Thursday, August 2, 2007
THIS SLIGHT MOMENTARY AFFLICTION
(2 Corinthians 4: 17)
They strengthened the believers and encouraged them to remain true to the faith. 'We must pass through many troubles to enter the kingdom of God,' they taught.
My dear friends, do not be surprised at the painful test you are suffering, as though something unusual were happening to you. Rather be glad that you are sharing Christ's sufferings, so that you may be full of joy when his glory is revealed.
Everyone who wants to live a godly life in union with Christ Jesus will be persecuted.
Now those who were scattered because of the persecution that arose over Stephen travelled... preaching the Lord Jesus. And the hand of the Lord was with them, and a great number that believed turned to the Lord.
Now I rejoice in my sufferings for your sake, and in my flesh I complete what is lacking in Christ's afflictions for the sake of his body, that is, the church...
Let us give thanks to the God and Father of our Lord Jesus Christ, the merciful Father, the God from whom all help comes! He helps us in all our troubles, so that we are able to help others who have all kinds of troubles, using the same help that we ourselves have received from God.
We sent Timothy... to strengthen and encourage you in your faith, so that no-one would be unsettled by these trials. You know quite well that we were destined for them. In fact, when we were with you, we kept telling you that we would be persecuted. And it turned out that way, as you well know.
When we cry, 'Abba, Father!' it is the Spirit himself bearing witness with our spirit that we are children of God, and if children, then heirs, heirs of God and fellow heirs with Christ, provided we suffer with him in order that we may also be glorified with him.
I have told you these things, so that in me you may have peace. In this world you will have trouble. But take heart! I have overcome the world.
I consider that the sufferings of this present time are not worth comparing with the glory that is to be revealed to us.
So we do not lose heart... For this slight momentary affliction is preparing for us an eternal weight of glory beyond all comparison...
It was only right that God, who creates and preserves all things, should make Jesus perfect through suffering, in order to bring many children to share his glory.
(Acts 14: 22, GNB; 1 Peter 4: 12-13, GNB; 2 Timothy 3: 12, GNB; Acts 11: 19-21, RSV; Colossians 1: 24, RSV; 2 Corinthians 1:3 and 4, GNB; 1 Thessalonians 3: 2-4, NIV; Romans 8: 15b-17, RSV; John 16: 33, NIV; Romans 8: 18, RSV; 2 Corinthians 4:16 and 17, RSV; Hebrews 2: 10, GNB)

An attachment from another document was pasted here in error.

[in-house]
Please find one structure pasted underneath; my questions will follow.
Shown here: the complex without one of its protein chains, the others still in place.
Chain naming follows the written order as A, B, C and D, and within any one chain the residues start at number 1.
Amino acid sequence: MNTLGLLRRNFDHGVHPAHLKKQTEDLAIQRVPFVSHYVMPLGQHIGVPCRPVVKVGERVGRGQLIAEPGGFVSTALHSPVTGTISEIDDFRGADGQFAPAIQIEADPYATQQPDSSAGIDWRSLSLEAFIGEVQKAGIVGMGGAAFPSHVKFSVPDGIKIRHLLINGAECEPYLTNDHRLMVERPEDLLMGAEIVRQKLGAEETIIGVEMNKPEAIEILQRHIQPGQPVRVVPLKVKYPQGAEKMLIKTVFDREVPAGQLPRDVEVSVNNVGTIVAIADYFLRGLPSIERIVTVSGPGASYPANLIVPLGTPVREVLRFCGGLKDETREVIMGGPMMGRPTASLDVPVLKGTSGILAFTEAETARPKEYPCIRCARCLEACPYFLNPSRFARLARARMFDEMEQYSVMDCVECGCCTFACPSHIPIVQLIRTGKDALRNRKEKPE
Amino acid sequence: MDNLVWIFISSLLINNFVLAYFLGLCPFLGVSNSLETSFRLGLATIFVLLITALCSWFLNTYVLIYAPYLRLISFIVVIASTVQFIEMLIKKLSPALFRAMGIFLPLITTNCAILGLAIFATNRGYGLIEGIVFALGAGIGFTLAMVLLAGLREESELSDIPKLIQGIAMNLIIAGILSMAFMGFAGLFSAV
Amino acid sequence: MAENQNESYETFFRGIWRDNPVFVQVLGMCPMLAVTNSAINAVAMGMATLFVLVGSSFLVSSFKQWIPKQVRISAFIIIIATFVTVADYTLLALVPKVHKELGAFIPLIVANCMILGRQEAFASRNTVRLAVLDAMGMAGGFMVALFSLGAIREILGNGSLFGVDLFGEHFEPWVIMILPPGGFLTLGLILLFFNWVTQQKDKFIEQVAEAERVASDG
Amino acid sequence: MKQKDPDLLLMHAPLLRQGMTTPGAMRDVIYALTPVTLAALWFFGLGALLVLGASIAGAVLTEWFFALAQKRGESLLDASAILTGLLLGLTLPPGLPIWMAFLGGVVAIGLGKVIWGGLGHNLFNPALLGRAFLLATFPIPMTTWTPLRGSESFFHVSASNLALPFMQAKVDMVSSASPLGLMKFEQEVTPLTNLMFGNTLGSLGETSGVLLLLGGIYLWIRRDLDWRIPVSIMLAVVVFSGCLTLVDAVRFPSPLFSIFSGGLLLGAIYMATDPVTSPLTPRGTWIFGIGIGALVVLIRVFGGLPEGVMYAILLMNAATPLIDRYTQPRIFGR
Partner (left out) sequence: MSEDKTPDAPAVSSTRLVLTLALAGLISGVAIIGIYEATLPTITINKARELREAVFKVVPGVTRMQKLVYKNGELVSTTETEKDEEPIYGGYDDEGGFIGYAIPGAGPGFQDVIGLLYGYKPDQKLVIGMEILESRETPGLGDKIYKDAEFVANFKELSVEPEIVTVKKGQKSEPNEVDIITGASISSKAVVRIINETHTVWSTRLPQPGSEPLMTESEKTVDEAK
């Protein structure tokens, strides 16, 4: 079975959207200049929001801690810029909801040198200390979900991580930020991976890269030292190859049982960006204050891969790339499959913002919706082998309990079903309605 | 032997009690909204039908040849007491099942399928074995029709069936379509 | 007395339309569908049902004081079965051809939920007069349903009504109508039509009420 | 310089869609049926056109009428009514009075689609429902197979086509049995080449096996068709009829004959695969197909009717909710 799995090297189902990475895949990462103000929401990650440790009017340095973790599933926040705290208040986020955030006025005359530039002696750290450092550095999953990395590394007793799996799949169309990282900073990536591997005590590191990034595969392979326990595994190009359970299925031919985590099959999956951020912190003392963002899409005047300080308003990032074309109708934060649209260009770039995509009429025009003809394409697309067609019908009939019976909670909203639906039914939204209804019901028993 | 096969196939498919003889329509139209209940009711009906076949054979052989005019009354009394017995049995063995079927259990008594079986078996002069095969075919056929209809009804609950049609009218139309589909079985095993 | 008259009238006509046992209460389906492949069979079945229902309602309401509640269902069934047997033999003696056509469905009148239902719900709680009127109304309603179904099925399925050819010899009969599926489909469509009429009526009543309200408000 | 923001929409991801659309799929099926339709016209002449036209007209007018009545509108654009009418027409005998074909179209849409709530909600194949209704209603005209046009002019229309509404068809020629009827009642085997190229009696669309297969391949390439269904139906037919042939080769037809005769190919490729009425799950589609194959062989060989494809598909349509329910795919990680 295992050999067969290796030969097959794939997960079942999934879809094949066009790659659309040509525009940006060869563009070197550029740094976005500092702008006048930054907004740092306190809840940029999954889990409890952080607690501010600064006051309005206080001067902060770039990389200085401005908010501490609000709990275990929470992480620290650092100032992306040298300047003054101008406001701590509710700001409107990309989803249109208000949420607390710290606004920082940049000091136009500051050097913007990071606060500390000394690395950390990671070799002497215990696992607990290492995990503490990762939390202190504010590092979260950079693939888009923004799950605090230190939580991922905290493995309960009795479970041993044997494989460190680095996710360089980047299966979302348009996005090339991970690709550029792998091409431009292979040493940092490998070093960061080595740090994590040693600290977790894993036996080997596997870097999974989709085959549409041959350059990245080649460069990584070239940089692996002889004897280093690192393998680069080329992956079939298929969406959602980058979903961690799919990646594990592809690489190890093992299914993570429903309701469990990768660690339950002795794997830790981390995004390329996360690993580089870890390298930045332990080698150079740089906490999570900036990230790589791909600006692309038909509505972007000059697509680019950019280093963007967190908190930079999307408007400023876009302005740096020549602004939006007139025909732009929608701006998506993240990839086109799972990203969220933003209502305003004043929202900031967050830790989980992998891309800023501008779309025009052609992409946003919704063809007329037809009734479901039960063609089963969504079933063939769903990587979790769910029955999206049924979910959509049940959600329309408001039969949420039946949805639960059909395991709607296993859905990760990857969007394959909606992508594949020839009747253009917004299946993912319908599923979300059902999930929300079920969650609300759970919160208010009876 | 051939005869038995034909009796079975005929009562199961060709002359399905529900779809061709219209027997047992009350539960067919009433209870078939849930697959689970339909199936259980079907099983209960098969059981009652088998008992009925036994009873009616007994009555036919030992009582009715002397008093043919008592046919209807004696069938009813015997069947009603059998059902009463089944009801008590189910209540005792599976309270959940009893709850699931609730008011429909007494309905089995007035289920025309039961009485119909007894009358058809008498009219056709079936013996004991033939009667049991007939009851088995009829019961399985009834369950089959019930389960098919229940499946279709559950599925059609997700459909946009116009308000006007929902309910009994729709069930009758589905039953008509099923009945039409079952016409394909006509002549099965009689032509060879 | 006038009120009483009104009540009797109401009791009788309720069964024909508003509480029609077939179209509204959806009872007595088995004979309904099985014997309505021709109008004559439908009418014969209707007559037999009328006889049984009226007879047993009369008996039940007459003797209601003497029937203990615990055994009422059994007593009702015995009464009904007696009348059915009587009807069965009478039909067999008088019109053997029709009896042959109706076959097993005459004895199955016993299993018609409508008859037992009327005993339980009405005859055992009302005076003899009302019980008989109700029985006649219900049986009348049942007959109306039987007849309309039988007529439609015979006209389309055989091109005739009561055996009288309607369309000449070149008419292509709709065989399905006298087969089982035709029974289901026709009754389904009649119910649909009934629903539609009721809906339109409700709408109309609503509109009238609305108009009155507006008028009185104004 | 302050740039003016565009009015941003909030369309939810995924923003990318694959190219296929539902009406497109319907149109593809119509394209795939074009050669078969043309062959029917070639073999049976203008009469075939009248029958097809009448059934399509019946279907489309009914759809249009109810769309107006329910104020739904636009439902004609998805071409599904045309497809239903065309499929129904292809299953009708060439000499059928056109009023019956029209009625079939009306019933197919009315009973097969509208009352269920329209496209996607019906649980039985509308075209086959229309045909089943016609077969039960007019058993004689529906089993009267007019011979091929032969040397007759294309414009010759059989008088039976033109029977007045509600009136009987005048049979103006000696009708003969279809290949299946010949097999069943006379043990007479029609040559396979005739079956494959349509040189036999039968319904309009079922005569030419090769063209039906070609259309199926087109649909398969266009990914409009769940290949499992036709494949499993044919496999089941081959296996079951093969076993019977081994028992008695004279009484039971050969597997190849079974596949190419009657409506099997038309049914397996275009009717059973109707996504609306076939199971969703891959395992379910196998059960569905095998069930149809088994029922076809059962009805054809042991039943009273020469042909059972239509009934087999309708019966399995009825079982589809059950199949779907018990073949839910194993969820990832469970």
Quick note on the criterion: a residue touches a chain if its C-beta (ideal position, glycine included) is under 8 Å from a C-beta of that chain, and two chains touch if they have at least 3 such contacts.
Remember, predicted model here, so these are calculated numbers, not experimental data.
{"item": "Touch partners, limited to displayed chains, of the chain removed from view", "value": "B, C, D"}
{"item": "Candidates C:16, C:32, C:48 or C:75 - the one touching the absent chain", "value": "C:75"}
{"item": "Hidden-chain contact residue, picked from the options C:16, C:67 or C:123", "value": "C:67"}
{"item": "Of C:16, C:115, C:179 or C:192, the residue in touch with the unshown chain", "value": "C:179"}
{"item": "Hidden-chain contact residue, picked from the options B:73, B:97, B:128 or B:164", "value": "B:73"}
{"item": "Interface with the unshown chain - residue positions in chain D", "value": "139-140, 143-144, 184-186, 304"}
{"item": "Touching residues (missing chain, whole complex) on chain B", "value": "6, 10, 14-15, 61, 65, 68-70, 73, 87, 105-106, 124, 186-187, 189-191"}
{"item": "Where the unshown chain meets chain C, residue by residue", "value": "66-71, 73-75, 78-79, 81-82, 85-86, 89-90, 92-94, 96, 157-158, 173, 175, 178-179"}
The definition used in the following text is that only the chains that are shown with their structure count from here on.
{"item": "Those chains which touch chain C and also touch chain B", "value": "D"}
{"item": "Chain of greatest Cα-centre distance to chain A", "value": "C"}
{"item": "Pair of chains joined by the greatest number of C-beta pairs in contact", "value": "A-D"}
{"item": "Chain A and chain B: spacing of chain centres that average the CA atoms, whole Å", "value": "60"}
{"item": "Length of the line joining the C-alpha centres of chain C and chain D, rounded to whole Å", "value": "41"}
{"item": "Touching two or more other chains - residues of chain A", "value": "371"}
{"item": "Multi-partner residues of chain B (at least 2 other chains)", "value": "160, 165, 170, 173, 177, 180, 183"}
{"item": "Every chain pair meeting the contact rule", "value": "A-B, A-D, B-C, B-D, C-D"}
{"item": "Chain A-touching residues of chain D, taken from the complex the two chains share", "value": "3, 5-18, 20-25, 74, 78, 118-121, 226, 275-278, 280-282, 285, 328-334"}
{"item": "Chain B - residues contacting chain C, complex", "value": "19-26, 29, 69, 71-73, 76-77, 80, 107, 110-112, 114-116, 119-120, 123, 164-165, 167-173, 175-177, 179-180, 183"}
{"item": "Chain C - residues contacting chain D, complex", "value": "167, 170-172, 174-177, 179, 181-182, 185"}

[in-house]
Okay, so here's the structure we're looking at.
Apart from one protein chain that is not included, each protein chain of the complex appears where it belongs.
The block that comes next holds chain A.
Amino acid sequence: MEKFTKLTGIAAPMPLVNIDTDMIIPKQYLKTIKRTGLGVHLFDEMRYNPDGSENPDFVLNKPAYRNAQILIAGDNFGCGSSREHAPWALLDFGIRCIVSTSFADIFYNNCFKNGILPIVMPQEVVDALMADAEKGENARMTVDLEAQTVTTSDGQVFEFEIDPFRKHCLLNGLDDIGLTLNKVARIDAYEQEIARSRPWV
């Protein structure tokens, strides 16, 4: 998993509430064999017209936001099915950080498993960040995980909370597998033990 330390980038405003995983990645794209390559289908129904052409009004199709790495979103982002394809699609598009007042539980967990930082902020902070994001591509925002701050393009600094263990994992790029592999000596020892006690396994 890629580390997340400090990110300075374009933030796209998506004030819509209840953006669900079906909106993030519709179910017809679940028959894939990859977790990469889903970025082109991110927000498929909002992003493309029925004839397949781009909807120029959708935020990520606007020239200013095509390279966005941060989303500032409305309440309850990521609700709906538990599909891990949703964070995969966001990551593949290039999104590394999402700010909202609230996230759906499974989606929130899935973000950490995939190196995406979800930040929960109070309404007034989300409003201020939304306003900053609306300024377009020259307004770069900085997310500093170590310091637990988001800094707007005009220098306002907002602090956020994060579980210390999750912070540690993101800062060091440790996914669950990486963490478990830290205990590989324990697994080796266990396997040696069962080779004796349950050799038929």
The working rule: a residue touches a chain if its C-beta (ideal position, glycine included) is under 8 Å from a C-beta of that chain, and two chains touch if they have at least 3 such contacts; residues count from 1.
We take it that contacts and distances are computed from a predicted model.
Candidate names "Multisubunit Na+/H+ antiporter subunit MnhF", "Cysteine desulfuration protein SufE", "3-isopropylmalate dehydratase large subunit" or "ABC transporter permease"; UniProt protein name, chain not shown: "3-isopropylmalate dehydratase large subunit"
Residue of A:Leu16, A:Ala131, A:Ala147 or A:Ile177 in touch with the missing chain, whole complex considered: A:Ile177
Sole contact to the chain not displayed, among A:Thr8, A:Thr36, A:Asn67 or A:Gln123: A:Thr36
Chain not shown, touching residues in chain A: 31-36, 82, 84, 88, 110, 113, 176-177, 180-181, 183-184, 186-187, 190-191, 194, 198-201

The ultimate question for anyone attempting to minister in the name of a loving God is the age-old one: Why would a loving God allow good people to suffer? Related to this basic question are a whole host of similar inquiries that range as far and wide as the whole spectrum of human suffering: Why do people starve? Why do tragic accidents happen to infants, children and young people cut off in the prime of their lives? Why is a good spouse the subject of abuse? Why did God allow the existence of mind-altering chemicals and drugs? The list is endless.
Just when one thinks one has a reasonably good explanation that is intellectually respectable, along comes a tragedy that has no rhyme or reason. Imagine explaining to a young widow that her children's father died meaningfully when his car was struck from above by a five hundred pound beef carcass that ripped through the side of an overturned semi-truck on the bridge above his vehicle. Of all our human experiences, pain and suffering seem the most irrational.
How do you 'make sense of it' when a young man and his children have lost their beautiful wife and mother as a plane slammed into the World Trade Center in New York?
Many writers have made valiant attempts at marshalling their intellectual powers to give this irrationality a rational basis. Some have come closer than others. All fail to a lesser or greater degree. As C.S. Lewis has suggested, pain and suffering can never be made 'palatable'.
This is just the point. What we want in the midst of our pain is not intellectual brilliance, but emotional satisfaction. This is why most explanations fail to comfort. They really do not address the emotional distress. They fail to satisfy.
The value of the incarnation is often overlooked at just this point. In our suffering we want to know that, like little children who run to their parents when hurt, we still have someone we can run to - someone who understands and can hold us and comfort us until the pain goes away. Intuitively, as children, we know that our parents understand - they share the same human experience of pain and suffering. And so does God! As Hebrews 2:10 and 11 says, 'In bringing many children to glory, it was fitting that God... should make the author of their salvation perfect through suffering. Both the one who makes people holy, and those who are made holy are of the same family.'